In general, the collection and processing of data for the purposes of University research is allowable as it is a 'task carried out in the public interest'. This means that although you may need to get consent for collecting and processing personal data for ethical reasons, GDPR does not require consent to collect or process data.

However, GDPR does require that research does meet other standards. Data collection must be:

  • transparent: make sure the participants know why you are collecting their data and what you will do with it. Using a privacy notice will outline all this information.
  • explicit: the privacy notice needs to describe all the processing you will conduct. Preparation of data for preservation and sharing is considered a part of the initial purpose of the research.
  • adequate: only collect data that you need for the purposes of your project. If you don't need to know the names, or ages of participants, for instance, don't retain that information.
  • accurate: make sure any data you do collect is accurate – check back with the participants.
  • limited: only keep personal data as long as you need to. As soon as possible complete any processes to anonymise the data and prepare it for further processing and archiving. Anonymous data is not restricted by GDPR as long as all information that can be used to identify the participants directly, or indirectly, is removed.
  • secure: follow the University of Kent guidelines surrounding the use of mobile digital devices and use password-protected network facilities; this will safeguard the data against loss, destruction or damage.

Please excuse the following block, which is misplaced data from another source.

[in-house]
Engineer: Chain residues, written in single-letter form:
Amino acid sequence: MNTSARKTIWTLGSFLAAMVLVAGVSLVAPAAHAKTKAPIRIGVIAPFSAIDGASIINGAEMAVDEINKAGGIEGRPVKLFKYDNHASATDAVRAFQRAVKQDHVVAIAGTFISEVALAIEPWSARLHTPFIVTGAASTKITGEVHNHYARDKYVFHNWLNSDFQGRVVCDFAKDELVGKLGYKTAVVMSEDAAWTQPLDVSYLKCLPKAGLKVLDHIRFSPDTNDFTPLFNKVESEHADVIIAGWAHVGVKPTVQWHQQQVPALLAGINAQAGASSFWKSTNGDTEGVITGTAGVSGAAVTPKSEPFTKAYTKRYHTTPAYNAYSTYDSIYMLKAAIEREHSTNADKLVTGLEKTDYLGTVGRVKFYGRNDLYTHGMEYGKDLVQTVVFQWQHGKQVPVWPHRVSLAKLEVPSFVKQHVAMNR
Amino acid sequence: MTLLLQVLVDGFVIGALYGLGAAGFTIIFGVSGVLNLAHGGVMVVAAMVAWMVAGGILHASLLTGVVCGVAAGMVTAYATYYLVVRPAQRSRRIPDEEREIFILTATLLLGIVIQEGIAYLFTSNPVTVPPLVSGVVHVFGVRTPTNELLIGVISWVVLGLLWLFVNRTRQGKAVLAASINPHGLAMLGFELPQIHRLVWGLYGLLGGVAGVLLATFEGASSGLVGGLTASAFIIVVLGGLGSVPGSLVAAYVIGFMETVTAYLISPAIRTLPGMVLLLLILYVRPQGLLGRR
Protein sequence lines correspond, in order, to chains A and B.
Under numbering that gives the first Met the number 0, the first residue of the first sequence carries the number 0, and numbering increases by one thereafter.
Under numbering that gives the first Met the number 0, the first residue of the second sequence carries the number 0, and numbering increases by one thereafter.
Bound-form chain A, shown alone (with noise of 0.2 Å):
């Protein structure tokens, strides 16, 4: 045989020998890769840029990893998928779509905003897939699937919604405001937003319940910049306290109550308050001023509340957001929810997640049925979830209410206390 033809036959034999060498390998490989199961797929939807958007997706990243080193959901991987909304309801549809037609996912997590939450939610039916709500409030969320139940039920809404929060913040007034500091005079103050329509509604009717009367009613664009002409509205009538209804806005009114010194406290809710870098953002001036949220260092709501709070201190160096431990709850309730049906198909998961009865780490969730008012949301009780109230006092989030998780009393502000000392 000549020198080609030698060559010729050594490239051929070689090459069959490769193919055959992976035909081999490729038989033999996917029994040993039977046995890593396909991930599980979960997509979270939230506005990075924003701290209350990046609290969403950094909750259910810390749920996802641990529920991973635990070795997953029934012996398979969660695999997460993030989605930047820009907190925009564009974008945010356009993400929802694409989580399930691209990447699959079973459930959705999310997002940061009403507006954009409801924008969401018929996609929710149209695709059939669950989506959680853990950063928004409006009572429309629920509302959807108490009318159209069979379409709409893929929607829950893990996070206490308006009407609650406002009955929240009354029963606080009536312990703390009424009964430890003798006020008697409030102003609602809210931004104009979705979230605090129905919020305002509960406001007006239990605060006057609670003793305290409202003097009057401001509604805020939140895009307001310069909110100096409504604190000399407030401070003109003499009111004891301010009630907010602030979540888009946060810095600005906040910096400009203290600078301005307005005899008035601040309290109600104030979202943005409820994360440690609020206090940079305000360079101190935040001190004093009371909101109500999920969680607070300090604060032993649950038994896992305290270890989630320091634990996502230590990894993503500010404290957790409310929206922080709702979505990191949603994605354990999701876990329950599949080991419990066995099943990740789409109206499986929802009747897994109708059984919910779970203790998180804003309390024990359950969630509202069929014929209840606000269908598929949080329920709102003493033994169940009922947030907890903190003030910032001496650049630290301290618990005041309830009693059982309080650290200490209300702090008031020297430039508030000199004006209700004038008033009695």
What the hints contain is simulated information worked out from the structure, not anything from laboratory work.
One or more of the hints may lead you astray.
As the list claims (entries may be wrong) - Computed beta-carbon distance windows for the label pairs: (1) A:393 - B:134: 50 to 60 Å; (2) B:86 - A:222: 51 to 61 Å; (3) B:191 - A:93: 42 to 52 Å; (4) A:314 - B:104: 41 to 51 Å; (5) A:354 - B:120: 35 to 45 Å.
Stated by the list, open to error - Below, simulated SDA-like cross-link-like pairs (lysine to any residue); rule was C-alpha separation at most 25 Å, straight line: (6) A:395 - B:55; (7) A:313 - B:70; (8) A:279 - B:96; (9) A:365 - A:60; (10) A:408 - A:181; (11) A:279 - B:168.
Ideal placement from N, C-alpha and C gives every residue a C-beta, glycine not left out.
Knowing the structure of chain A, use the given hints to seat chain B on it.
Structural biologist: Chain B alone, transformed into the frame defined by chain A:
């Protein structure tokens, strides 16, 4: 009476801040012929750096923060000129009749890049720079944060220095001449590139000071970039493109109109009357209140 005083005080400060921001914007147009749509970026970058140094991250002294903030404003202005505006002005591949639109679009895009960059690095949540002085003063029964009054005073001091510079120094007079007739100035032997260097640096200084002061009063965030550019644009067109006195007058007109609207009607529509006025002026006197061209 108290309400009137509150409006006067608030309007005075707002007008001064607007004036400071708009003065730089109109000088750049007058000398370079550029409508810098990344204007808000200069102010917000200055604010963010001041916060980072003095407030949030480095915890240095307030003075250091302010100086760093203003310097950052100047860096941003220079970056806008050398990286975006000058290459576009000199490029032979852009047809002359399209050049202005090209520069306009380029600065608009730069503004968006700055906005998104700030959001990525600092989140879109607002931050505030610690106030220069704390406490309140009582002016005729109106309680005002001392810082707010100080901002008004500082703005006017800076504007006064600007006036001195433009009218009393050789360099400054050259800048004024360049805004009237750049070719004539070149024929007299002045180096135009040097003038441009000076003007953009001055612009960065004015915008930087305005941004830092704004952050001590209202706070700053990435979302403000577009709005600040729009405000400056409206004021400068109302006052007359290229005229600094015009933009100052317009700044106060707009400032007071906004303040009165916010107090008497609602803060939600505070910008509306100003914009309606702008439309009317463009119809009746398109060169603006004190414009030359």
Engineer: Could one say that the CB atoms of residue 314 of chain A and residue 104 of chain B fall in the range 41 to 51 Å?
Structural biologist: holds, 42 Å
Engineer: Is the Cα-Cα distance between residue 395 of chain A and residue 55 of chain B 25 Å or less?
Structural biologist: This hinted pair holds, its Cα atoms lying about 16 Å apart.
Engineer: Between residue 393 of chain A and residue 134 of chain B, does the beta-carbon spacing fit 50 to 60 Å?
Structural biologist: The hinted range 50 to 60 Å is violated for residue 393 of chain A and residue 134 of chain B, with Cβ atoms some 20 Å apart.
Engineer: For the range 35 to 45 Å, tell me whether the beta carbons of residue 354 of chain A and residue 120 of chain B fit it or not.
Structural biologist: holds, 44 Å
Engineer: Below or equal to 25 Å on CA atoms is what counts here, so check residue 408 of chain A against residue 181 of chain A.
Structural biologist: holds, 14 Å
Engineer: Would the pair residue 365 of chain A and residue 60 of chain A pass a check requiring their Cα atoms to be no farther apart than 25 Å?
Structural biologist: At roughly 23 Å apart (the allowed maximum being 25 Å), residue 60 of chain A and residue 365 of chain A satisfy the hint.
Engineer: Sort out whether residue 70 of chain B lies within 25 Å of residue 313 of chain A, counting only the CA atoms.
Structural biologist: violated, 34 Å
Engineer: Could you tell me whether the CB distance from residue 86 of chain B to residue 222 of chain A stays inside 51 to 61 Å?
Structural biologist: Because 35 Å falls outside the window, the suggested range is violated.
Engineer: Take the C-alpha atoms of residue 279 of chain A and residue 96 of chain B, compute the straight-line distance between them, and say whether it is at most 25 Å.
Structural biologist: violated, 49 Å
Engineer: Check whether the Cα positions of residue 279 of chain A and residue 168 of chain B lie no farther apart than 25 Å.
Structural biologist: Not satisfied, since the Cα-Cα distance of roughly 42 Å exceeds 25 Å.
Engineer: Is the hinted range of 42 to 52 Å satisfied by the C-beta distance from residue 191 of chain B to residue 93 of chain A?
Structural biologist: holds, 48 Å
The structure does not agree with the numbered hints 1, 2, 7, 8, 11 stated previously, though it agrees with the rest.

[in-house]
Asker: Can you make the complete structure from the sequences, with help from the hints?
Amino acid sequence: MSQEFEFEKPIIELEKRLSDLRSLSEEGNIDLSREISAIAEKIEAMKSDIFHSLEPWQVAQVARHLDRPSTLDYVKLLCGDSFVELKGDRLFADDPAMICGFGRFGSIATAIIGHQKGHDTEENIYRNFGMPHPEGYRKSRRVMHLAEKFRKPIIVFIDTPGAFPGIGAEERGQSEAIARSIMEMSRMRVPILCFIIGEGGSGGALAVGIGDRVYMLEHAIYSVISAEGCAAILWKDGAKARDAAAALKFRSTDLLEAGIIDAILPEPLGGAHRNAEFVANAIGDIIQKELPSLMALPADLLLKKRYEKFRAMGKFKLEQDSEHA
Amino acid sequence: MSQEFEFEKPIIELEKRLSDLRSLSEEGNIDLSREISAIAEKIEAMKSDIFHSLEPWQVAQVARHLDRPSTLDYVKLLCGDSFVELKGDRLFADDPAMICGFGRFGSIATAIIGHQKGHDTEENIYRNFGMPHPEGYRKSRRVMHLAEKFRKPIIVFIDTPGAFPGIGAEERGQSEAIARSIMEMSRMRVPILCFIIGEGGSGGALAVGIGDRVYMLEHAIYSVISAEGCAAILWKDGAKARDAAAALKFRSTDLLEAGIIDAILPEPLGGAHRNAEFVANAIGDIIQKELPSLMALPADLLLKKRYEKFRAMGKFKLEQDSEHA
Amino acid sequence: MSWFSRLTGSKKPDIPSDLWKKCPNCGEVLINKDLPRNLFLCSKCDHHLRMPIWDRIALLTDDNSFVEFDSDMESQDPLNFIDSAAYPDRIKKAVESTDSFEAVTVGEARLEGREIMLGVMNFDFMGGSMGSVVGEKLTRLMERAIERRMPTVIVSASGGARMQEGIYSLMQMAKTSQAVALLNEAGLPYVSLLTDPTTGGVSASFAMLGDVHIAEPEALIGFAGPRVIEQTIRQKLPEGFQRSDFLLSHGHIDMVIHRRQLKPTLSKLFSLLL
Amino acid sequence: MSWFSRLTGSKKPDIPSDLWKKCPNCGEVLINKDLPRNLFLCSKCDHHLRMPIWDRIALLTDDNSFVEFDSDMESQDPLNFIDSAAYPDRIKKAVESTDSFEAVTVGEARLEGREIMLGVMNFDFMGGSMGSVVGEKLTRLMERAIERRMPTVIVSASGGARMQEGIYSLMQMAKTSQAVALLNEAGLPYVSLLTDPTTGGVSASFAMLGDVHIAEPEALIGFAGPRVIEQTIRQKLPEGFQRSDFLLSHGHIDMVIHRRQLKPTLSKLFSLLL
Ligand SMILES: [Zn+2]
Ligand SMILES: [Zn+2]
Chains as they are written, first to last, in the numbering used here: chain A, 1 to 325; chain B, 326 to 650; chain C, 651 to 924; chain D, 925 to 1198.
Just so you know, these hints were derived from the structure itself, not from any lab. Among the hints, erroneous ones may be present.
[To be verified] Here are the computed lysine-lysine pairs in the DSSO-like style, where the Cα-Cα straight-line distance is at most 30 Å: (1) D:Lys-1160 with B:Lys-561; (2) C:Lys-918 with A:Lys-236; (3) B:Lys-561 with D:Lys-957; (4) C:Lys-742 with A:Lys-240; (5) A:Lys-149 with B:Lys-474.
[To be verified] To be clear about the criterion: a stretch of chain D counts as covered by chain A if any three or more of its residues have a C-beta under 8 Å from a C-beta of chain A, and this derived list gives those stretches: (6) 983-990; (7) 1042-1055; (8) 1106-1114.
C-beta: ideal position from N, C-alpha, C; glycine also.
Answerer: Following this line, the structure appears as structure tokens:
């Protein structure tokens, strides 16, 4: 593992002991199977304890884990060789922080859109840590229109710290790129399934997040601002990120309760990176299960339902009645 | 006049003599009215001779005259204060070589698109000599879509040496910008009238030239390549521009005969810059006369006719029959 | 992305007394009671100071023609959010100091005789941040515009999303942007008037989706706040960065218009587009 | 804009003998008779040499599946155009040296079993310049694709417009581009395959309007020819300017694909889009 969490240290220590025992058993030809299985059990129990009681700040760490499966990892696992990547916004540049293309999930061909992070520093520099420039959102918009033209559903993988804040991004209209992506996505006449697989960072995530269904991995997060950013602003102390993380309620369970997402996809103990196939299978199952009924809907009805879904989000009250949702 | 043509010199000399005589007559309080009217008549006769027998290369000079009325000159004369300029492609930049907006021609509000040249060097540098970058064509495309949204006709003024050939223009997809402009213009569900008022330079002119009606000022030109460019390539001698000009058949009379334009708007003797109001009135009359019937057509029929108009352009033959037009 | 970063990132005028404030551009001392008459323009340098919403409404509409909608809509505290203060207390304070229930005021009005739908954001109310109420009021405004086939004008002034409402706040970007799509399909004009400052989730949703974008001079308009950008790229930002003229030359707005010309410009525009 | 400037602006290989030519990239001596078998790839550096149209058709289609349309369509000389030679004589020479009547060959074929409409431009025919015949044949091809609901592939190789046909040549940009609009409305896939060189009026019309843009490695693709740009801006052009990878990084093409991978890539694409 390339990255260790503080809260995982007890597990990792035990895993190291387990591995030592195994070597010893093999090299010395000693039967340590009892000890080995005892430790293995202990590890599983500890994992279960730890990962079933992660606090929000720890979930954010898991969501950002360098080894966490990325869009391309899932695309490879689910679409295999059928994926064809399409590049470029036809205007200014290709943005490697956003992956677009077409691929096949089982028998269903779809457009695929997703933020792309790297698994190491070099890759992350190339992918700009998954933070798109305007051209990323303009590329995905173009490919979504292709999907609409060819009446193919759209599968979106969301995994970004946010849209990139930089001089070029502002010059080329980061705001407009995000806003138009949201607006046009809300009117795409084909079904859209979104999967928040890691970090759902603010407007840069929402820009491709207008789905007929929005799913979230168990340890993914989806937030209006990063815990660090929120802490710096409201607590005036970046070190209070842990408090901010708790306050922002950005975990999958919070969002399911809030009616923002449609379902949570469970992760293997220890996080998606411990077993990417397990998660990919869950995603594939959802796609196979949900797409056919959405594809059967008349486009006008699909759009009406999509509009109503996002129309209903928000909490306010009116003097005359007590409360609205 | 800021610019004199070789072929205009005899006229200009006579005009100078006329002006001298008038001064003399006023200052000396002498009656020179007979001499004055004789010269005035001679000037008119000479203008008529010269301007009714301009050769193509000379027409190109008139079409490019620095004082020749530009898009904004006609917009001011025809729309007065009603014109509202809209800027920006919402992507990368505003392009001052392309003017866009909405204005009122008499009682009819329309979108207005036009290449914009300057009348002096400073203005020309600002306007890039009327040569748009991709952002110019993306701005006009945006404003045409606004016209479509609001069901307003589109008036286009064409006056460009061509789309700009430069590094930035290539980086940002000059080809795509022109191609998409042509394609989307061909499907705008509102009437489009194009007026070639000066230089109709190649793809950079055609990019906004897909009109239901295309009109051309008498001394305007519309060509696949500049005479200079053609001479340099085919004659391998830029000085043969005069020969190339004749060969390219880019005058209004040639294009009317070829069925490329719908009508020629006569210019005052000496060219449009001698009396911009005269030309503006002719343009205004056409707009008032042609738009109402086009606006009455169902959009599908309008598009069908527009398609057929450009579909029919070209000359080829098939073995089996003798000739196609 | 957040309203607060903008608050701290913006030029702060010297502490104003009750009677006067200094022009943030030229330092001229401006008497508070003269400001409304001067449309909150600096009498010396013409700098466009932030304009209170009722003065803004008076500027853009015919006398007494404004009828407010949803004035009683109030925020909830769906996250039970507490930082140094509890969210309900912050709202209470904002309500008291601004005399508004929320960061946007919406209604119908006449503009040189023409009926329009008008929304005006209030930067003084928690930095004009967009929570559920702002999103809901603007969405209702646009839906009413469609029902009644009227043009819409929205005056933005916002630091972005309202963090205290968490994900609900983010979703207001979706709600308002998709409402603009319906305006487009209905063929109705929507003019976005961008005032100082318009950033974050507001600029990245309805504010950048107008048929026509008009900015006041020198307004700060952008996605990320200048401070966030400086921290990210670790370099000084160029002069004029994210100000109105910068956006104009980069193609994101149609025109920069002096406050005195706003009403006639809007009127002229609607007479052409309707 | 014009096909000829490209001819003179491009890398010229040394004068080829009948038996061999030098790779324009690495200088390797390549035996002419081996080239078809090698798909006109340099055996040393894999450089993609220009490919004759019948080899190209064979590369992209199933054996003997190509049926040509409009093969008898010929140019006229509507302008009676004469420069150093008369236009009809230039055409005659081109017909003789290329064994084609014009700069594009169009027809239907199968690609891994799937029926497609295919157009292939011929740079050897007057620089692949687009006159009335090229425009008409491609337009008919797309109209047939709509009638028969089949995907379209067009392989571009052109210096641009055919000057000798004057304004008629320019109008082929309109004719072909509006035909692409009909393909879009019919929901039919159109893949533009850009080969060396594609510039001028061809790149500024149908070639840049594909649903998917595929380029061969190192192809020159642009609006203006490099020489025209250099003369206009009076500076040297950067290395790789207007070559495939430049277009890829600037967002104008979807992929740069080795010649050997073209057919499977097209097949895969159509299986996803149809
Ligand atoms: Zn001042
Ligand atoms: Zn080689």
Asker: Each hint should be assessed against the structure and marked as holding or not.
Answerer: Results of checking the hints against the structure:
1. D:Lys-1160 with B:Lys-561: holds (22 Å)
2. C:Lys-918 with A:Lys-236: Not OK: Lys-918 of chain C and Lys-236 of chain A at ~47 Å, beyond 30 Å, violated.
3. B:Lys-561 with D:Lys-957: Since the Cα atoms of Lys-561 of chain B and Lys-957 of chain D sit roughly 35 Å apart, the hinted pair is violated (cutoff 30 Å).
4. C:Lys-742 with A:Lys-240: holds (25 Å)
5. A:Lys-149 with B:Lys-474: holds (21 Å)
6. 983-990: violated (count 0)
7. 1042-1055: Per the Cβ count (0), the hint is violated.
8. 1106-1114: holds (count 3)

Sensitive data

If your data involves particularly sensitive data you need extra safeguards, but these already exist at the University. They include:

  • Research Ethics Committee review and approval
  • governance checks (including Health Research Authority assessment for health research)
  • peer review from public funders
  • data minimisation and minimisation of recruitment numbers
  • pseudonymisation and other technical safeguards against accidental disclosure and loss or corruption of research data.

If you have any particular circumstances contact University of Kent Research Services and check your school research ethics procedures. Check any specific disciplinary guidance; for example, The Association of Social Anthropologists publish guidelines for conducting research with people in other countries.

Release and storage

You need to think about the anonymity of participants if this was promised, as well as commercial interests and intellectual property.

  • Make sure you have anonymized the data as part of the data preparation for preservation and sharing.
  • Consider other legal and ethical implications for sharing and storing your data.
  • Make sure you have included information about the long-term management of your data in the privacy statement you share with participants.
  • If using secondary data, you will need to take original intellectual property (IP) into account.
  • Where commercial partners have an interest in the data, this needs to be married with the requirements of AHRC: you may need to restrict access for a period or redact the data.
  • Any patents or IP developed by the project will impact on data sharing and reuse: discuss these with Kent Innovation & Enterprise.


Need help with research data management? Email researchsupport@kent.ac.uk

Find out all the ways you can get in touch:

Research support links